The lessons of the Turtle class can be summed up in these four points:

* Trade with an Edge: Find a trading strategy that will produce positive returns over the long run because it has a positive expectation.
* Manage Risk: Control risk so that you can continue to trade or you may not be around to see the benefits of a positive expectation system.
* Be Consistent: Execute your plan consistently to achieve the positive expectation of your system.
* Keep It Simple: The core of our approach was simple: catch every trend. Two or three trades might account for all your profits, so don‘t miss a trend or you might kill your whole year. This is simple and easy to understand, not easy to do.

Over the years I kept finding evidence that emotional and psychological strength are the most important ingredients in successful trading.

Good trading is not about being right, it is about trading right. If you want to be successful, you need to think of the long run and ignore the outcomes of individual trades.

Winning traders think in the present and avoid thinking too much about the future. Beginners want to predict the future in their trading. When they win, they think it means they were right and they feel like heroes. When they lose, they feel like scum. That is the wrong approach.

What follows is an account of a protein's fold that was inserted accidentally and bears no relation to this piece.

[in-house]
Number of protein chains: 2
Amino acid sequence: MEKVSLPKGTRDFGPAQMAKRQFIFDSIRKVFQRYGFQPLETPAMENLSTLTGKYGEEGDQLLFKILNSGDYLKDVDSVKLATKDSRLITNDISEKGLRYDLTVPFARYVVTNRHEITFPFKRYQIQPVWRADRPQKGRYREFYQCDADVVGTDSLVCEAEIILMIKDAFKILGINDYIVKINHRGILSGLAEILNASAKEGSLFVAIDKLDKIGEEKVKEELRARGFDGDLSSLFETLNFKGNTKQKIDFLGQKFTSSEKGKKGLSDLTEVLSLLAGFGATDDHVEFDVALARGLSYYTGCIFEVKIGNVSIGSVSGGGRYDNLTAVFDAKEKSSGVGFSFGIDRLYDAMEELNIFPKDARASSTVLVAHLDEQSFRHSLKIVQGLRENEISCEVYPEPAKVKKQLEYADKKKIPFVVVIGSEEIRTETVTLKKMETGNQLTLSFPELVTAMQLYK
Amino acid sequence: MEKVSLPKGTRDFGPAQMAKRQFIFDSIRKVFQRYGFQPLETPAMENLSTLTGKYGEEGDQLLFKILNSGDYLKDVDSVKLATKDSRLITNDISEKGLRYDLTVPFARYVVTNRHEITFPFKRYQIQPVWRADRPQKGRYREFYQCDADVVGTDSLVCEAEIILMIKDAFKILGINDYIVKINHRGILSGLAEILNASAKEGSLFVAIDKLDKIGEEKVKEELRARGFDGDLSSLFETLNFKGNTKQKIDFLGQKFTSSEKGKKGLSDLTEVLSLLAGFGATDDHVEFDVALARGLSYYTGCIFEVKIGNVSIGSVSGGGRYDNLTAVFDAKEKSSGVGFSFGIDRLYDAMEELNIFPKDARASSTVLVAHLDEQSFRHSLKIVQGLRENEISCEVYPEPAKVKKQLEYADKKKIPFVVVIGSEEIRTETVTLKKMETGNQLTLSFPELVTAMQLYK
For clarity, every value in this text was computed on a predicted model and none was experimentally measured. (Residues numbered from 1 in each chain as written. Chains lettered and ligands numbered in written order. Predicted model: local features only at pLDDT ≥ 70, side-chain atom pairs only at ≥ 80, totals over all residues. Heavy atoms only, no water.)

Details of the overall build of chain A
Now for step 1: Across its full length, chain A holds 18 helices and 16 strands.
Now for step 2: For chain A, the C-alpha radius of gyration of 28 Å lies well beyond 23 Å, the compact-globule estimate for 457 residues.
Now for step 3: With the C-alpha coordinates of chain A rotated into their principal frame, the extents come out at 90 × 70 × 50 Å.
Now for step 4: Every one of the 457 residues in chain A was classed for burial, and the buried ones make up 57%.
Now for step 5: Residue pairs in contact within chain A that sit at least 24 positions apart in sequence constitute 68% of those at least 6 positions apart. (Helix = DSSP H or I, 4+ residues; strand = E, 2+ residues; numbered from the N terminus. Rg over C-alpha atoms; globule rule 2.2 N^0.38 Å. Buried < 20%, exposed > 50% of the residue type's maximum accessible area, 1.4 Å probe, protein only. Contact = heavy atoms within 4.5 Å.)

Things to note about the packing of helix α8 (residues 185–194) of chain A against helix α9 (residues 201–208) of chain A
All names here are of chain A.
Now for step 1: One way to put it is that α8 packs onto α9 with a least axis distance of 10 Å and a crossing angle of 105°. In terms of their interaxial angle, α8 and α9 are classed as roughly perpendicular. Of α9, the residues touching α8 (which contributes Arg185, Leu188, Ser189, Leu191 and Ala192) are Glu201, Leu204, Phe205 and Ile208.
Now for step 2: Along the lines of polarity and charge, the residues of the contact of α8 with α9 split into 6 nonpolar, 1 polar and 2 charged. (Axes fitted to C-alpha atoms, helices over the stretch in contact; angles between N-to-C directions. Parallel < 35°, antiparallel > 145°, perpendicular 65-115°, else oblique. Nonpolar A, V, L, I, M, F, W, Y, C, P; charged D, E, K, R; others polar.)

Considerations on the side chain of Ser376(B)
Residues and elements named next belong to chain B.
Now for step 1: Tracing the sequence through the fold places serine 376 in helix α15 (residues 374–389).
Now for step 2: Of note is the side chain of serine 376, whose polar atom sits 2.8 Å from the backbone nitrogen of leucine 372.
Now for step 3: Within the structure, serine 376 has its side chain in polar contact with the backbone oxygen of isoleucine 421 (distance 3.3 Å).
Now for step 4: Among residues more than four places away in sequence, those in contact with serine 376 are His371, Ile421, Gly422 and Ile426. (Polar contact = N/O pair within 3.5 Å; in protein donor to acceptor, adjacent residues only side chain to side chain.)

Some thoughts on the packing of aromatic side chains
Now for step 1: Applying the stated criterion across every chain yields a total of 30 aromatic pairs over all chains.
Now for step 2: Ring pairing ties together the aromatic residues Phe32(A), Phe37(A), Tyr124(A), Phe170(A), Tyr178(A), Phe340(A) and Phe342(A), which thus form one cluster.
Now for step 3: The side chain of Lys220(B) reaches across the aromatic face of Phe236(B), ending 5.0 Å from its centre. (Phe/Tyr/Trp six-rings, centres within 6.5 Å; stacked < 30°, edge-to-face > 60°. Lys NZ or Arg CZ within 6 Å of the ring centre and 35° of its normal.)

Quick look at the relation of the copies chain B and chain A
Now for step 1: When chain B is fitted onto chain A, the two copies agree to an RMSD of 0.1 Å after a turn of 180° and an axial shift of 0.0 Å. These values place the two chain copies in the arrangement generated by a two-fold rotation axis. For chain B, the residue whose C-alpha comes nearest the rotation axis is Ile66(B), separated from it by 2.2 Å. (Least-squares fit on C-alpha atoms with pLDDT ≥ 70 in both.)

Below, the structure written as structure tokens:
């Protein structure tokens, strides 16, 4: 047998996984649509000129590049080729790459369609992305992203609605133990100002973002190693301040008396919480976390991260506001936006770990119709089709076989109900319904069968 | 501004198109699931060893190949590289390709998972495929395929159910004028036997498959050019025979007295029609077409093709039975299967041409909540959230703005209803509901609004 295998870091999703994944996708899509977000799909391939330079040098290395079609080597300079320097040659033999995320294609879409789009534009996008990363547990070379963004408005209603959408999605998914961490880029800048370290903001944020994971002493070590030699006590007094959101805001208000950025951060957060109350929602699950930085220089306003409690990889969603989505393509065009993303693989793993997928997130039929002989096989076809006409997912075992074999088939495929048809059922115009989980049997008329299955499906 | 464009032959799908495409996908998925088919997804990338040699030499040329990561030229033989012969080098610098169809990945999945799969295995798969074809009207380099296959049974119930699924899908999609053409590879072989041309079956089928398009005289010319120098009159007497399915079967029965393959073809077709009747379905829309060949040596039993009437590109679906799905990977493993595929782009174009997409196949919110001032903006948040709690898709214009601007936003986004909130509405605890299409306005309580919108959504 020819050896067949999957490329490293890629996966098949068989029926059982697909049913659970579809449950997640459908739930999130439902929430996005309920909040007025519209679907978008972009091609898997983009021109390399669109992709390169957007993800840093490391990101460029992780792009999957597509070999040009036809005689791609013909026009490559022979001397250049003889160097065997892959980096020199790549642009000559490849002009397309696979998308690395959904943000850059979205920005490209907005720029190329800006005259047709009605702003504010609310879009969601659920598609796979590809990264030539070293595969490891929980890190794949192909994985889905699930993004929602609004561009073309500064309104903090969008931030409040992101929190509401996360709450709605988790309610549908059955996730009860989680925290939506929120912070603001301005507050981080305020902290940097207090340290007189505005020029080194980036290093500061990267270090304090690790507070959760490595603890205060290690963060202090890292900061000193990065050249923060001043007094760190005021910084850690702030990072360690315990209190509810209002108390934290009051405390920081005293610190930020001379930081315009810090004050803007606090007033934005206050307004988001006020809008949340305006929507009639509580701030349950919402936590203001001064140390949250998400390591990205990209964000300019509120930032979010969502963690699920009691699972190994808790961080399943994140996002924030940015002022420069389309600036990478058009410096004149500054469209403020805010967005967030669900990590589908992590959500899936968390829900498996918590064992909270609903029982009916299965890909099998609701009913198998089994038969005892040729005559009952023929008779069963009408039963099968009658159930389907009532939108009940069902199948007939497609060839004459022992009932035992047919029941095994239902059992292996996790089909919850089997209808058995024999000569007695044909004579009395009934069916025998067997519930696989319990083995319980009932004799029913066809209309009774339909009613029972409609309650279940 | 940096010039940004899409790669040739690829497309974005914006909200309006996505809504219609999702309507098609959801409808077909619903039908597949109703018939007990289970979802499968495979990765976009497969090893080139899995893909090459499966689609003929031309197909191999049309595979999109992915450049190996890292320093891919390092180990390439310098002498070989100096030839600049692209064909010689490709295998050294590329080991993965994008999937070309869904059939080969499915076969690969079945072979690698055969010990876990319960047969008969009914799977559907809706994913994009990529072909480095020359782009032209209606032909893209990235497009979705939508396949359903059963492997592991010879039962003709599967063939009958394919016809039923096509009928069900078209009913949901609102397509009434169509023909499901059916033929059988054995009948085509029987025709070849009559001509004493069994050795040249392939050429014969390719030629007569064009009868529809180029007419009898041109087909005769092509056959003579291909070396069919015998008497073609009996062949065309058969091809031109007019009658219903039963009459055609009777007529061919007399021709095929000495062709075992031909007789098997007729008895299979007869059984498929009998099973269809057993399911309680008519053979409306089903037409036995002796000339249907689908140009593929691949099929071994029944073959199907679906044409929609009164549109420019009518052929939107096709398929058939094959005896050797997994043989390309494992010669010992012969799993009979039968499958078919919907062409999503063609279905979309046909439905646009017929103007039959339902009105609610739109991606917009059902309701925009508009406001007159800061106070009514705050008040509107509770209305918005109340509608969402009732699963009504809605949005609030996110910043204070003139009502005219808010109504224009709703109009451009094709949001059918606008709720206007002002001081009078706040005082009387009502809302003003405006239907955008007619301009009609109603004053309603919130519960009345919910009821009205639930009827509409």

Turtles do not care about being right. They care about making money. Turtles do not pretend to be able to predict the future. They never look at markets and say: „Gold is going up.“ They look at the future as unknowable in specifics but foreseeable in character. In other words, it is impossible to know whether a market is going to go up or down or whether a trend will stop now or in two months. You do know that there will be trends and that the character of price movement will not change because human emotion and cognition will not change.

Ironically, as well as thinking too much about the future, most traders dwell too much on the past. Turtles learn from the past but don‘t worry about it. They don‘t berate themselves for mistakes they have made. They also don‘t criticize themselves for trades in which they lost money, they know that is part of the game.

Dos and Don’ts for Thinking Like a Turtle

* Trade in the present: Do not dwell on the past or try to predict the future.The former is counterproductive, and the latter is impossible.
* Think in terms of probabilities, not prediction: Instead of trying to be right by predicting the market, focus on methods in which the probabilities are in your favor for a successful outcome over the long run.
* Take responsibility for your own trades: Don’t blame your mistakes and failures on others, the markets, your broker, and so forth.Take responsibility for your mistakes and learn from them.

Trading with an edge is what separates the professionals from the amateurs. Ignore this and you will be eaten by those who don‘t.

System edges come from three components:

* Portfolio selection: The algorithms that select which markets are valid for trading on any specific day.
* Entry signals: The algorithms that determine when to buy or sell to enter a trade.
* Exit signals: The algorithms that determine when to buy or sell to exit a trade.